The mass removal of Chinese firms from the New York and NASDAQ stock exchanges looms large over firms such as Alibaba
In an era marked by a stark political divide between the Republican and Democratic parties, the Holding Foreign Companies Accountable Act served as a rallying cause for U.S. Lawmakers, passing unanimously in both the House and Senate and receiving then-President Donald Trump's approval a month. The act amended the 2002 Sarbanes-Oxley Act to require foreign companies in the United States to disclose any foreign entanglements to the Public Company Accounting Oversight Board or face delisting.
On Wednesday, the SEC issued a statement declaring that it had begun implementing the HFCAA into existing securities regulations. However, the process may take some time as the SEC was more or less forced to rush its new rules out the door due to the Commission being required to do so within 90 days of the bill being signed into law. The SEC is currently seeking public comment on the act while it looks to implement the other areas of the HFCAA that weren't under the 90-day deadline.
The reluctance of Chinese firms and the Chinese Government to comply with disclosure laws will likely be their undoing, especially as Sino-American relations appear to be worsening, as evident by the recent summit in Alaska, in which the US and China fired sharp rebukes at one another. Delisting the firms would not only deny Chinese firms access to the lucrative capital markets boasted by the United States, but it would also deny American investors access to Chinese firms.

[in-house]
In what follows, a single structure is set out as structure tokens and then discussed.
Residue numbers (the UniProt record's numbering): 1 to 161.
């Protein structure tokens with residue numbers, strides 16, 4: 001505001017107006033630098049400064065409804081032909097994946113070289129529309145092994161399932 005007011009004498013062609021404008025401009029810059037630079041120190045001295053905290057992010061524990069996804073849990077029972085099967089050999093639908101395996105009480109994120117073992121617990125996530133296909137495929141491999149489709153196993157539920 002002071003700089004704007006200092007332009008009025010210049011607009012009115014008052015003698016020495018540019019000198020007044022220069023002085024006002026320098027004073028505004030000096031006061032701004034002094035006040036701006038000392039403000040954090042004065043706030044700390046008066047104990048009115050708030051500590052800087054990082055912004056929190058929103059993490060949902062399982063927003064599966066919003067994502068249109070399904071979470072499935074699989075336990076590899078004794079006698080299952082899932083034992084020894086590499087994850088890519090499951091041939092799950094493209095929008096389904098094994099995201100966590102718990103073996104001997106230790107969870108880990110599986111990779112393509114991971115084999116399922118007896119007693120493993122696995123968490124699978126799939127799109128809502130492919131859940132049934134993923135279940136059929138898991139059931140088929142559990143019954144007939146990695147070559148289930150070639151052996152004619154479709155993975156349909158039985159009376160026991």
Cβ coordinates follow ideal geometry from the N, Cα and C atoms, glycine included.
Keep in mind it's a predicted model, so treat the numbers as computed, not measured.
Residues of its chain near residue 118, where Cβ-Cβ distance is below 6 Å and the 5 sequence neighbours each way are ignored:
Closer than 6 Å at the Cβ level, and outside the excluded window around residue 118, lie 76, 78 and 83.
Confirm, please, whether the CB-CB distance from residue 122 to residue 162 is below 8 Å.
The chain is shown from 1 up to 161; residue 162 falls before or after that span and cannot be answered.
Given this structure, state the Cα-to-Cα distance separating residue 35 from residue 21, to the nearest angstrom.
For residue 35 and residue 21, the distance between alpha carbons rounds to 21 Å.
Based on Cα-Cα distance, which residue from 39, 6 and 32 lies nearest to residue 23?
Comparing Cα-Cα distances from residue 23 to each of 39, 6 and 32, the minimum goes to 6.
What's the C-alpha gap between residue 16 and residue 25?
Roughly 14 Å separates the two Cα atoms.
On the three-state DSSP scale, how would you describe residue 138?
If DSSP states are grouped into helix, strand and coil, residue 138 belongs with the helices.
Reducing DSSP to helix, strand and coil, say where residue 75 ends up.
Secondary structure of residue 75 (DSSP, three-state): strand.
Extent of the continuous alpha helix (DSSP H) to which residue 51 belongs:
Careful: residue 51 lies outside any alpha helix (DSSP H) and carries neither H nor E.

According to the HFCAA, firms would be denied access through both the NYSE and NASDAQ markets, and "through any other method that is within the jurisdiction of the Commission to regulate, including through the method of trading that is commonly referred to as the `over-the-counter' trading of securities."
Chinese firms predictably took a considerable hit during trading this week. Alibaba, for example, began trending downward on Wednesday, losing 3.4% by market close and slid a further 1% through Friday. Tech firm Baidu suffered a similar fate, losing 20% of its share price in the same period.